Q: With 400 total employees spread across the country, how do you maintain a unified sense of purpose?
A: I frankly would like to see us be a little bit bigger, but our investigation work units are small by design. It’s very difficult to be agile and nimble and get what you need quickly during investigations if you have a cast of thousands, right? Our very distributed team of experts is a strength of ours because it allows us to respond quickly when accidents happen anywhere in the country. In some cases, it’s easier to attract and retain the best talent if they can live somewhere that’s more effective for their home life as well. That culture is a big part of our strength, but it’s also something that has to be nurtured through that effective, useful communication, meaningful communication.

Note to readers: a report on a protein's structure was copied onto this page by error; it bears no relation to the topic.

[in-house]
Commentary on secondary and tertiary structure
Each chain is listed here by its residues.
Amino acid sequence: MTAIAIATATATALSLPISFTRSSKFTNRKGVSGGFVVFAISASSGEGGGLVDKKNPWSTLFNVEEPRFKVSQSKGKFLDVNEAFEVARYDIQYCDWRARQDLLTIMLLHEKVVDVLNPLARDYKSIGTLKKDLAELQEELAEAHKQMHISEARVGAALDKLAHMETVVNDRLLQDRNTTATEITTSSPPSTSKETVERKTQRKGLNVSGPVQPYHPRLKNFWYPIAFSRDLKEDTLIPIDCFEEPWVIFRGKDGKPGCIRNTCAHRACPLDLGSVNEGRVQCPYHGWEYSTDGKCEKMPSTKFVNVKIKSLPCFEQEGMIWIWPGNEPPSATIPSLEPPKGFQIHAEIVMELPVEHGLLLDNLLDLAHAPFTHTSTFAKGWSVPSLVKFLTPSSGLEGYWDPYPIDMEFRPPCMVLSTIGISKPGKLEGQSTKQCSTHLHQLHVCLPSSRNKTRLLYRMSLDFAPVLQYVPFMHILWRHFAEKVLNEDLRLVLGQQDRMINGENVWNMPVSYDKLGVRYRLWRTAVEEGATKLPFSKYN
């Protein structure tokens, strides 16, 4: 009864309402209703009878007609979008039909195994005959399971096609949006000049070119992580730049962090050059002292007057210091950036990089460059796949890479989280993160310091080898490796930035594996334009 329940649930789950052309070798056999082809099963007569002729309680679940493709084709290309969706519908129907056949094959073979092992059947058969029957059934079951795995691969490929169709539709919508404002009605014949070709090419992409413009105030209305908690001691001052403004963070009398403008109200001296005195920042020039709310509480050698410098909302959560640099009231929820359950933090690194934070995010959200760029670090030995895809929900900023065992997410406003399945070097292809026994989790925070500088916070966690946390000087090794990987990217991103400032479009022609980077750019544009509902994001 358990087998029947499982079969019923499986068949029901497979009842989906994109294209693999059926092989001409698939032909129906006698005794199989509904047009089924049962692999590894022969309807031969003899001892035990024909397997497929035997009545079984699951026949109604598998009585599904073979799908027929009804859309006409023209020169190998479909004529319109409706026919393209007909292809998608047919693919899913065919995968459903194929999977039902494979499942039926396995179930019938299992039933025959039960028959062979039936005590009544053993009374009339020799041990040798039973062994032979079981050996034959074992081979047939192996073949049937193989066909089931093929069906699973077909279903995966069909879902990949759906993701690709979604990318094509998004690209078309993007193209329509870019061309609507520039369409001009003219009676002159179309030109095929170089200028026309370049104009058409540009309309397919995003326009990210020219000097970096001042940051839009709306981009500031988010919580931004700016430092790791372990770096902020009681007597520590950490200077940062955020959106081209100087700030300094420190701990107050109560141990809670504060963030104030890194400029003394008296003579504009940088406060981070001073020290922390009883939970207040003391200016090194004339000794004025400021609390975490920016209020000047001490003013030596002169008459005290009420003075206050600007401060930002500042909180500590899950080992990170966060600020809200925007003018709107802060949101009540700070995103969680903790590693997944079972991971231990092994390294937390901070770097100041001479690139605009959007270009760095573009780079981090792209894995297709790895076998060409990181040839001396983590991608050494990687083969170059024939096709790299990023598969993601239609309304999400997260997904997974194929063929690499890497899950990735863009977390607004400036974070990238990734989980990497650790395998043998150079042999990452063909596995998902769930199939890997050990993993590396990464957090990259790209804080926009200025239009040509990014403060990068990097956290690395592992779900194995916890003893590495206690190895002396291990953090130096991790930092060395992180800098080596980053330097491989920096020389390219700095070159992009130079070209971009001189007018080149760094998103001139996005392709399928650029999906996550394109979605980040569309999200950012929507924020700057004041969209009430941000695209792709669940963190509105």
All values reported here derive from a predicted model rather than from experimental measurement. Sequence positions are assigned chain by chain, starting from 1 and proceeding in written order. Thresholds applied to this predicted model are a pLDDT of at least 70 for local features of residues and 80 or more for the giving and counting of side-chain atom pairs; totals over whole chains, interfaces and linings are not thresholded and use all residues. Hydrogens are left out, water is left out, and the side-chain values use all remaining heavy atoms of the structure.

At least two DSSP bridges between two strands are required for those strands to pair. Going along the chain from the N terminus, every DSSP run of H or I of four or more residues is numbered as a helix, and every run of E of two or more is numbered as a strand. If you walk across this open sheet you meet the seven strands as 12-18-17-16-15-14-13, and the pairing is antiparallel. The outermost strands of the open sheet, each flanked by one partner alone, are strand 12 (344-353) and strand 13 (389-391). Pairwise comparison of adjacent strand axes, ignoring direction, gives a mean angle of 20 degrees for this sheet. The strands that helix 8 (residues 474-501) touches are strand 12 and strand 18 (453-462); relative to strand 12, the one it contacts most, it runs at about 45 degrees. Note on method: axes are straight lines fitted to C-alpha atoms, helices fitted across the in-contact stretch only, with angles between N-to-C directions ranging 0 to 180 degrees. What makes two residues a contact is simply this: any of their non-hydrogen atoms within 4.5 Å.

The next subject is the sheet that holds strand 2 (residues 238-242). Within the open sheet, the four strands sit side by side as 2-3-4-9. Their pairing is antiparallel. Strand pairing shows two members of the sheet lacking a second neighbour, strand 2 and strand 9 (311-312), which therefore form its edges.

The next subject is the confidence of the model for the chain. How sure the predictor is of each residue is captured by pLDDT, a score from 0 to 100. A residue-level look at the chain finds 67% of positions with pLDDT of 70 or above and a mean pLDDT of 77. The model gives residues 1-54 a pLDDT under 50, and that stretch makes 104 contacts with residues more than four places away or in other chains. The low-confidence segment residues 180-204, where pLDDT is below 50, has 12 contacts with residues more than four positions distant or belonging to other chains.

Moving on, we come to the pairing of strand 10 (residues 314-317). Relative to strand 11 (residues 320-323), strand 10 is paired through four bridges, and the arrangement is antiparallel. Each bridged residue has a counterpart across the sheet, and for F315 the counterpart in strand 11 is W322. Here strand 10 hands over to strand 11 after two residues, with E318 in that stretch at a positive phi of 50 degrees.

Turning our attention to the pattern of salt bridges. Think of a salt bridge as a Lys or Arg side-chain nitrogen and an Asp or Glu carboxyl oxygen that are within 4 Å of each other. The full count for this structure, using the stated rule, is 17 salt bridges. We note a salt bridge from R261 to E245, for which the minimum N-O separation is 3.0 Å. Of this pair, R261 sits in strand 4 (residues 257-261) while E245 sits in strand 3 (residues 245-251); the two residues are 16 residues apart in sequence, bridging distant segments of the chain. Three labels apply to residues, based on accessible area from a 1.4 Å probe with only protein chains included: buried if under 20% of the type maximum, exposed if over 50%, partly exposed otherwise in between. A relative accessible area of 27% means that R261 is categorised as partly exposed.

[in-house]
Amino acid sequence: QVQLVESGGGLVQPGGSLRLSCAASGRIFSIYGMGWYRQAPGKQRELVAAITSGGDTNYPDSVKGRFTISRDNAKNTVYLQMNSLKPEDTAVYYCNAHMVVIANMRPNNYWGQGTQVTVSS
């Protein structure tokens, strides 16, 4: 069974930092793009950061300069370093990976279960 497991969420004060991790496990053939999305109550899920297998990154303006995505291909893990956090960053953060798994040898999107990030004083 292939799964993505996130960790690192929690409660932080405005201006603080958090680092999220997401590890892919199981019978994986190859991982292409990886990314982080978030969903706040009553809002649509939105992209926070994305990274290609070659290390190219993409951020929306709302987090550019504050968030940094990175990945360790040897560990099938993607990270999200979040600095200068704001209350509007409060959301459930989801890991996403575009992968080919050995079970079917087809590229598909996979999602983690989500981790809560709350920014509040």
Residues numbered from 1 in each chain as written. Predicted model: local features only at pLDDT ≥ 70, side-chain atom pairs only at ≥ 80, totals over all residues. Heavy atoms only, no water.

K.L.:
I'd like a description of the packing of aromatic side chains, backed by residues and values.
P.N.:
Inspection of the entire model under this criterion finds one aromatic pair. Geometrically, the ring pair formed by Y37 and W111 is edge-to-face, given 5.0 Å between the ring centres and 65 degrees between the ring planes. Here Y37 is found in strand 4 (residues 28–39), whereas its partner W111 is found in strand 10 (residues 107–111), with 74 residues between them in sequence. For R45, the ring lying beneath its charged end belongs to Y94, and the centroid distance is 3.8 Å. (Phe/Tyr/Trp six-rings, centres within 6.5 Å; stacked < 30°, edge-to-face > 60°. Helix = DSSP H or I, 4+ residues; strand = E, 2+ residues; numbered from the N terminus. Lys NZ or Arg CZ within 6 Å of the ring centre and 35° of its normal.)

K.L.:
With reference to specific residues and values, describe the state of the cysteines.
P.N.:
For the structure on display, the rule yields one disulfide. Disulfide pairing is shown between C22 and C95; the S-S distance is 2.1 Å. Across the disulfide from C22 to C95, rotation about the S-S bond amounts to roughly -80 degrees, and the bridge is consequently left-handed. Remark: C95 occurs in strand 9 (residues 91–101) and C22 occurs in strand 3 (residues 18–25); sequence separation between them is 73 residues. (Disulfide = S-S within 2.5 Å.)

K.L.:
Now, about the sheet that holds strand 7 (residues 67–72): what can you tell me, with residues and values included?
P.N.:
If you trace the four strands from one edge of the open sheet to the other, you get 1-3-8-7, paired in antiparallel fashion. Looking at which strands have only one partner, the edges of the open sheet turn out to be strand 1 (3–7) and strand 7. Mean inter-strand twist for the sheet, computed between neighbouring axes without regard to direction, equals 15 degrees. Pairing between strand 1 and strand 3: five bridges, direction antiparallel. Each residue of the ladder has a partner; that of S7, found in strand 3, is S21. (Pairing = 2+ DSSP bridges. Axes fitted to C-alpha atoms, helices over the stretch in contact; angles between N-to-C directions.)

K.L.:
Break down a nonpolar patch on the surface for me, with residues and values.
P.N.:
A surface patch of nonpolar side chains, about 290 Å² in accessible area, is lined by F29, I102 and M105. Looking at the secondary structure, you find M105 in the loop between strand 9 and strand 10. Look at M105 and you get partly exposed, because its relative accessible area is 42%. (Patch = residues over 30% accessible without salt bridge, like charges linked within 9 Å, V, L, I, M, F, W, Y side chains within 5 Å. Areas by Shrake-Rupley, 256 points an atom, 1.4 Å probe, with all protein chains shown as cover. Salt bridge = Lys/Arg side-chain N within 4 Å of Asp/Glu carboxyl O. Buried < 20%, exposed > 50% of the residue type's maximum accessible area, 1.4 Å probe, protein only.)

Q: How did the pandemic impact you?
A: We had migrated to the Microsoft Teams platform in the fall of 2019, and we were doing all-hands meetings for all aviation employees on a periodic basis. Once March 2020 came around and we hit the pandemic, all of those technology solutions — Teams, SharePoint sites where employees can provide input, a portal site or employee site to convey information — became critical. That’s how we’ve tried to maintain the culture.
Q: How has the agency adapted its investigative work in light of covid-19 travel restrictions, when so much of NTSB’s role involves traveling to the scene of these crashes?